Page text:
Posted in Bealtaine Cottage, Cottage, Country Living, Eco-Living, Inspiration, Ireland, Life, Lifestyle, Thoughts, Uncategorized

Frank Lloyd Wright was Right

I have had a love affair with the Irish Cottage for most of my life.

The image in my head of a typical cottage is one of nurture and contentment.

A place that nestles into the landscape…

This was the cottage of my great grandmother, Mary Anne Higgins-Baxter, in Omagh, on the Derry Road.

The gable end faced the road as was the custom.

I carry with me lovely, soft, memories of her beautiful home.

She died before I could get to know her, but her cottage was just filled with her incredible energy and spirit!

This cottage, where birds and bees feel just as at home as humans…there are always lots of small gaps around the roof and walls where insects, bats and birds can over-winter.

Such imperfection is perfect for life…

Surrounded by Nature, freshened by gentle breezes and beckoning one to venture in…

Frank Lloyd Wright once said that, “The good building is not one that hurts the landscape, but one which makes the landscape more beautiful than it was before the building was built.”

Frank Lloyd Wright was right!

Posted in celebrations, Christmas, Country Living, Uncategorized

Life in the Country at Christmas

Living miles from the nearest town, beyond a fair stretch of the legs, shopping becomes an event…not to be treated in a casual way at all!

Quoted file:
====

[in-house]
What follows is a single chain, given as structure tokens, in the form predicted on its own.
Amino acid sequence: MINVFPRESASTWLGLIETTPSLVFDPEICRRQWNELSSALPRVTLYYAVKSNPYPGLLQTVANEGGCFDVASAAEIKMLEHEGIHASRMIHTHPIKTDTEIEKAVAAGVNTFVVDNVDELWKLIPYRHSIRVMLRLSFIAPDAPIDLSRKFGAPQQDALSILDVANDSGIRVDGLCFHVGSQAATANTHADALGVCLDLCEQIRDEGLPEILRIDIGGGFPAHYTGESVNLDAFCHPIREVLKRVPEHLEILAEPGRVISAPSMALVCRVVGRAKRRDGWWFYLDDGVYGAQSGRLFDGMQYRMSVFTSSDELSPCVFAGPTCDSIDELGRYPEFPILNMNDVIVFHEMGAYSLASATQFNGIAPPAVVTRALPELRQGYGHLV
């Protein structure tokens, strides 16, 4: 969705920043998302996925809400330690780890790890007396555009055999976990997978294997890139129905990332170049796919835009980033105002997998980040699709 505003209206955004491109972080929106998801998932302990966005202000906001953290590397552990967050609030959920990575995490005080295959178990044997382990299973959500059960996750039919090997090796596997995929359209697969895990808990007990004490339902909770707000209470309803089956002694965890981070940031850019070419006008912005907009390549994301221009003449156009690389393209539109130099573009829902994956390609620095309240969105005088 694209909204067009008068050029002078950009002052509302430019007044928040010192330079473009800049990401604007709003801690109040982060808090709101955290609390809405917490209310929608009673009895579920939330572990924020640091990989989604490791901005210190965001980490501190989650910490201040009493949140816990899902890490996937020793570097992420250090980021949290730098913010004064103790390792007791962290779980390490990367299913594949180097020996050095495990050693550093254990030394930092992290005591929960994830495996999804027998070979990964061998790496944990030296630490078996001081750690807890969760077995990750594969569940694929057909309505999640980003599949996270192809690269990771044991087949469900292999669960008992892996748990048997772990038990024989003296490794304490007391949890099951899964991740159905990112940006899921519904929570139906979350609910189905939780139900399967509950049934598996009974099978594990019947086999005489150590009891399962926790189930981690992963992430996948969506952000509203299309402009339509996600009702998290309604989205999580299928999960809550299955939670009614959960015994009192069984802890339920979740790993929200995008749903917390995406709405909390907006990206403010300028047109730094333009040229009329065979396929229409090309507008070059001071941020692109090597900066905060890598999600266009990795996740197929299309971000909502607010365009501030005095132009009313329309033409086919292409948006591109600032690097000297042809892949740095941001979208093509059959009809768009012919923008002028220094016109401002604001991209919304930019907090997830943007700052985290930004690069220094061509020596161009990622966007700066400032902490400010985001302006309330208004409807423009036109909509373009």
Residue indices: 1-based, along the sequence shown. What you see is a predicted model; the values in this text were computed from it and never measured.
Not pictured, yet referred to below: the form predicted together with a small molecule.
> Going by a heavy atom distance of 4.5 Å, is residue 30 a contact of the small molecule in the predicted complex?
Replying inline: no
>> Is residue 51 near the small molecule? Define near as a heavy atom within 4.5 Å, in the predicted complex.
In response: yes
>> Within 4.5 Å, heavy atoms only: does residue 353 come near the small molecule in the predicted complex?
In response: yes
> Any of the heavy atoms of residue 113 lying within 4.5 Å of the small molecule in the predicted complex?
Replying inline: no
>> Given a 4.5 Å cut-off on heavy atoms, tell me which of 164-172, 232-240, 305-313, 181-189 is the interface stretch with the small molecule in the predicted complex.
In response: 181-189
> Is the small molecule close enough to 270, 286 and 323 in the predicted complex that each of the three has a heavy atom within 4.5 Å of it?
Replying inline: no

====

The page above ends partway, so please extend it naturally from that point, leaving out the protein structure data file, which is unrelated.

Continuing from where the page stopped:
There is no such thing as, ‘just popping out to the shops,’ as the journey there and back can be costly on limited resources, such as petrol for the car.

Running out of food is simply not an option, so a pantry is essential, where a good stock of food can be built up and held in reserve.

The pantry really comes into it’s own at Christmas and other festivals where visitors are expected to descend with little notice…and the tradition is to always feed the visitor!

As the pantry is a cool, dark place, storing food is easy, much better than a fridge in some cases, especially when it comes to cakes, home made bread, vegetables and the like.

The Victorians were especially adept at designing and building pantries and larders.  However, there appears to be little inclusion of this excellent feature in any modern design. I would even go so far as to say that few architects would even have heard of this small, but very essential room.

I used to live in an old Victorian house in London that came complete with a stone slabbed pantry, with fine mesh wire window, facing north for ultimate coolness!

Ideally the only light to penetrate the pantry is an artificial light or weak light from the north.

It is possible to build a small pantry in any home and I have even seen them made from wood, lined with various materials, in city apartments. 

The pantry here at Bealtaine Cottage is well stocked. Over the course of this week it will fill up with home baked goodies. Jellies and cakes will jostle with cans and jars on the shelves.

Christmas cannot be bought…well, not here at any rate!